UN: FG Paid Large Ransom for Release of Dapchi Girls

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    •  Says cash economy aiding Boko Haram
    • No, we didn’t, insists Mohammed

    Vincent Obia

    A United Nations report has revealed that the Nigerian government paid huge sums in ransom to secure the release of the over 100 school girls kidnapped on February 19 by the Boko Haram terrorist group from Government Girls Science and Technical College, Dapchi, Yobe State.

    One hundred and ten girls aged between 11 and 19 were snatched from the school, but on March 21, the federal government announced that Boko Haram had retuned 106 of the girls, insisting that it paid no ransom for their safe return.

    But in the “Twenty-second report of the Analytical Support and Sanctions Monitoring Team submitted pursuant to resolution 2368 (2017) concerning ISIL (Da’esh), Al-Qaida and associated individuals and entities,” which was submitted to the UN Security Council released July 27, 2018 but monitored thursday, the world body said a “large ransom” was paid by the Nigerian government to obtain release of the Dapchi schoolgirls.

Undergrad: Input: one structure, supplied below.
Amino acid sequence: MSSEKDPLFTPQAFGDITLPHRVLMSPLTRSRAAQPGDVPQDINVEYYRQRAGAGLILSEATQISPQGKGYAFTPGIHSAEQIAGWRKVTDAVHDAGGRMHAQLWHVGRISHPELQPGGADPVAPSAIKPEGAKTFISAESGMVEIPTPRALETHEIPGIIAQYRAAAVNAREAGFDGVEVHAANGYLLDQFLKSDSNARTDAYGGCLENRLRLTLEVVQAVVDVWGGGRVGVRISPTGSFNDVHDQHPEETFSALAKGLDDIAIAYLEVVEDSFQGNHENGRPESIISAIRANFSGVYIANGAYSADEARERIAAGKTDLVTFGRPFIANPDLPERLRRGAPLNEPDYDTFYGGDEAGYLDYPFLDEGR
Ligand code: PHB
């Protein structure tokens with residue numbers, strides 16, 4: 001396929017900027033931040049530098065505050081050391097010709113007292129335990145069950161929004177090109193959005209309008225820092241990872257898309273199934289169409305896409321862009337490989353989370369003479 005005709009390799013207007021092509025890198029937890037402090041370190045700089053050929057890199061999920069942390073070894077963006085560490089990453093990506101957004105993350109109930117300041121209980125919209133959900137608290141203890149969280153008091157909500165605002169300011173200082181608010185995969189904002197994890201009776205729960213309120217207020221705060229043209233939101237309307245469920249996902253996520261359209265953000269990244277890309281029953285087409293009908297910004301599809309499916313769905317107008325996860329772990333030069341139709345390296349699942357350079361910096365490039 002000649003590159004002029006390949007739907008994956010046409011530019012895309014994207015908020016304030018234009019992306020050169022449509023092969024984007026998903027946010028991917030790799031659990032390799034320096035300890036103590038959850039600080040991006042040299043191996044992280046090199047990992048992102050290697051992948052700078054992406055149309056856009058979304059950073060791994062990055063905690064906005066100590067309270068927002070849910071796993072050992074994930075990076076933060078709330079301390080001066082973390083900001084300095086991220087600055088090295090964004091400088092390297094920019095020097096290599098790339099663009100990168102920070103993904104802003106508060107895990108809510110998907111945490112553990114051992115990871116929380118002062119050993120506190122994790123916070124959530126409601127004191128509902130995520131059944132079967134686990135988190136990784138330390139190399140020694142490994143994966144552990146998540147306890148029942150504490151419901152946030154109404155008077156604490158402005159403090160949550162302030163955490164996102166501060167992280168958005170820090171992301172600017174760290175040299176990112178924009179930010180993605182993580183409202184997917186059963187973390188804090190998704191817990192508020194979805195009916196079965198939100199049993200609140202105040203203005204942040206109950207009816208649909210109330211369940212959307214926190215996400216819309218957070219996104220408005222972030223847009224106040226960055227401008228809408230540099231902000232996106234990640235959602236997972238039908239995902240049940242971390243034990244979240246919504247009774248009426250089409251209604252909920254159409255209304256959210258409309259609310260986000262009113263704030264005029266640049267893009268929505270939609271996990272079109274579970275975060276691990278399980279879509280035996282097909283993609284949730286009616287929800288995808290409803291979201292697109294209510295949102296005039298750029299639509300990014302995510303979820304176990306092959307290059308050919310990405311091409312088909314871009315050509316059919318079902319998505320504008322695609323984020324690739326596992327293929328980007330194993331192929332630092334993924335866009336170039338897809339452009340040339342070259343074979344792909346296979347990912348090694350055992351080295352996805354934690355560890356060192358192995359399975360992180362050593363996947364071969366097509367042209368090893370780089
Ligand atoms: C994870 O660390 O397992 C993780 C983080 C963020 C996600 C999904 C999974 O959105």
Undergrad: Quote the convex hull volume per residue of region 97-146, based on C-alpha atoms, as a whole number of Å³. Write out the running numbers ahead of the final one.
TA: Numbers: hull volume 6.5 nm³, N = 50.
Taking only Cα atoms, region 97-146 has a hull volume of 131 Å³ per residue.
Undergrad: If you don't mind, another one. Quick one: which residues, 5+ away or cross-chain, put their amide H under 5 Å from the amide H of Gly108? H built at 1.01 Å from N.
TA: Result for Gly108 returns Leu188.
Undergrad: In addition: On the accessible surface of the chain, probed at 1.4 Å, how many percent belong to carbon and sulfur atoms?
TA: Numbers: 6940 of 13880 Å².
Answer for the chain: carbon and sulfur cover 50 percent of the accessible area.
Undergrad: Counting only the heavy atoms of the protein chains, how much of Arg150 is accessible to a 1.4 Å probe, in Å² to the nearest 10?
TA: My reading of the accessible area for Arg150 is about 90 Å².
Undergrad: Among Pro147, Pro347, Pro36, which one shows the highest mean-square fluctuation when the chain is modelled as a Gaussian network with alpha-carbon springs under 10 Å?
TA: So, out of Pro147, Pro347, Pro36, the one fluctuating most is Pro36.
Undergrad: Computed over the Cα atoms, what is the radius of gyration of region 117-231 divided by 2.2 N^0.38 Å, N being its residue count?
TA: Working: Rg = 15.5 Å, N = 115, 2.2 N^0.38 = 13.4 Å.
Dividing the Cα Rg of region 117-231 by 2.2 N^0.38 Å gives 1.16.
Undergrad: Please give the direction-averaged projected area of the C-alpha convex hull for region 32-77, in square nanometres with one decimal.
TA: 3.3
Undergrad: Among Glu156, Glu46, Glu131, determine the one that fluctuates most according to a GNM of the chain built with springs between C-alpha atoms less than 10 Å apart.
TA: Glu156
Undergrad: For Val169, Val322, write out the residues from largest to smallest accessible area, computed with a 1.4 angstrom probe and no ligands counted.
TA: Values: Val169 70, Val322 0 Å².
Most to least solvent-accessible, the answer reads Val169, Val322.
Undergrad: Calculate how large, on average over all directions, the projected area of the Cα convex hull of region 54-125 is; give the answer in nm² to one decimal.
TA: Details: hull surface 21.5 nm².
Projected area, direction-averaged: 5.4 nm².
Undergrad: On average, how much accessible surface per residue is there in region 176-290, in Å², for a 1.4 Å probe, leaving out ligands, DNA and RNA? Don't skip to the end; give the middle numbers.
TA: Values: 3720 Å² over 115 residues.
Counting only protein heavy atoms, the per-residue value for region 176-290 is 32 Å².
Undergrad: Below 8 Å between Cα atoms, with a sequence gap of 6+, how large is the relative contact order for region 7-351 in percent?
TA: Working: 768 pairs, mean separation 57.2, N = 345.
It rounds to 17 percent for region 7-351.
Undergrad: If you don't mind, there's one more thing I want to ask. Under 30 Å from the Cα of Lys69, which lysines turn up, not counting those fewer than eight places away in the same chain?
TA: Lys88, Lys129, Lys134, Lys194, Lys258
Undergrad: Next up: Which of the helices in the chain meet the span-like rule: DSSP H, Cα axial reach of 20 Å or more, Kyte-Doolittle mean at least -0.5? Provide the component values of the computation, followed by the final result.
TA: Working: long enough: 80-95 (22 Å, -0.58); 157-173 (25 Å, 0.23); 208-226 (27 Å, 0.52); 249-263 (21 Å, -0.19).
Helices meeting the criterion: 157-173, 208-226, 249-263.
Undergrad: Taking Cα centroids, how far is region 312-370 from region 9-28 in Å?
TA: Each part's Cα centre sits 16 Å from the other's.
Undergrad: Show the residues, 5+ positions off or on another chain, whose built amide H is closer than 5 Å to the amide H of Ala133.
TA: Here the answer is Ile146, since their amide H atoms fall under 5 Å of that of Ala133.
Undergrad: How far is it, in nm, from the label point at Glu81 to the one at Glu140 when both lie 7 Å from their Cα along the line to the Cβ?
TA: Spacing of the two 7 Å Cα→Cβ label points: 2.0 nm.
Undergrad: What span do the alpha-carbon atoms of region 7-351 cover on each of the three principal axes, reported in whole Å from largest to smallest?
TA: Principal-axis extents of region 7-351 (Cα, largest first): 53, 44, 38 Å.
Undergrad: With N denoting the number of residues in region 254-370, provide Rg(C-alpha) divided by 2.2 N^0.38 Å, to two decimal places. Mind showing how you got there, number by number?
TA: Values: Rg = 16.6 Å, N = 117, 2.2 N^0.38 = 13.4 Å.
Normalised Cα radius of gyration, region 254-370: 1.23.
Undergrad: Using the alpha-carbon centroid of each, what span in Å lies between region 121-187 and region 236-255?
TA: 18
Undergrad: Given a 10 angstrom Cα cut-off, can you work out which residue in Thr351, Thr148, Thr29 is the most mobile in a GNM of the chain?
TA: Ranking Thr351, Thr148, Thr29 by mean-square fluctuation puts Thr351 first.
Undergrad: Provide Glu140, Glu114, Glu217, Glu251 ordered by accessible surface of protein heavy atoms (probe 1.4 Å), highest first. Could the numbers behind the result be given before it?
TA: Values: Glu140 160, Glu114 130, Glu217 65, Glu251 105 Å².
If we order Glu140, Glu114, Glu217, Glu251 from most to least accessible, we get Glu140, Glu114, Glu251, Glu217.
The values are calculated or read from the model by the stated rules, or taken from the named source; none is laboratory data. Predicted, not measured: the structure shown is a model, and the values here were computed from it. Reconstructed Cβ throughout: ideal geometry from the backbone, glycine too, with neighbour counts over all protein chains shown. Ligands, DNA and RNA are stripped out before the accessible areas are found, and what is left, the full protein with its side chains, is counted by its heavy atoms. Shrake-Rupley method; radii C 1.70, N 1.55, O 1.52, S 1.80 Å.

The report said, “In Nigeria, 111 schoolgirls from the town of Dapchi were kidnapped on 18 February 2018 and released by ISWAP on 21 March 2018 in exchange for a large ransom payment.”

    It frowned on the payment of ransoms to terrorists, saying it fuels terrorism.

    According to the report signed by Coordinator of the Analytical Support and Sanctions Monitoring Team, Edmund Fitton-Brown, and Chair of the Security Council Committee, Kairat Umarov, “Boko Haram (QDe.138) and the Islamic State West Africa Province (ISWAP) have had a similar impact in their areas of control, including the Lake Chad basin.

    “The predominance in the region of the cash economy, without controls, is conducive to terrorist groups funded by extortion, charitable donations, smuggling, remittances and kidnapping.”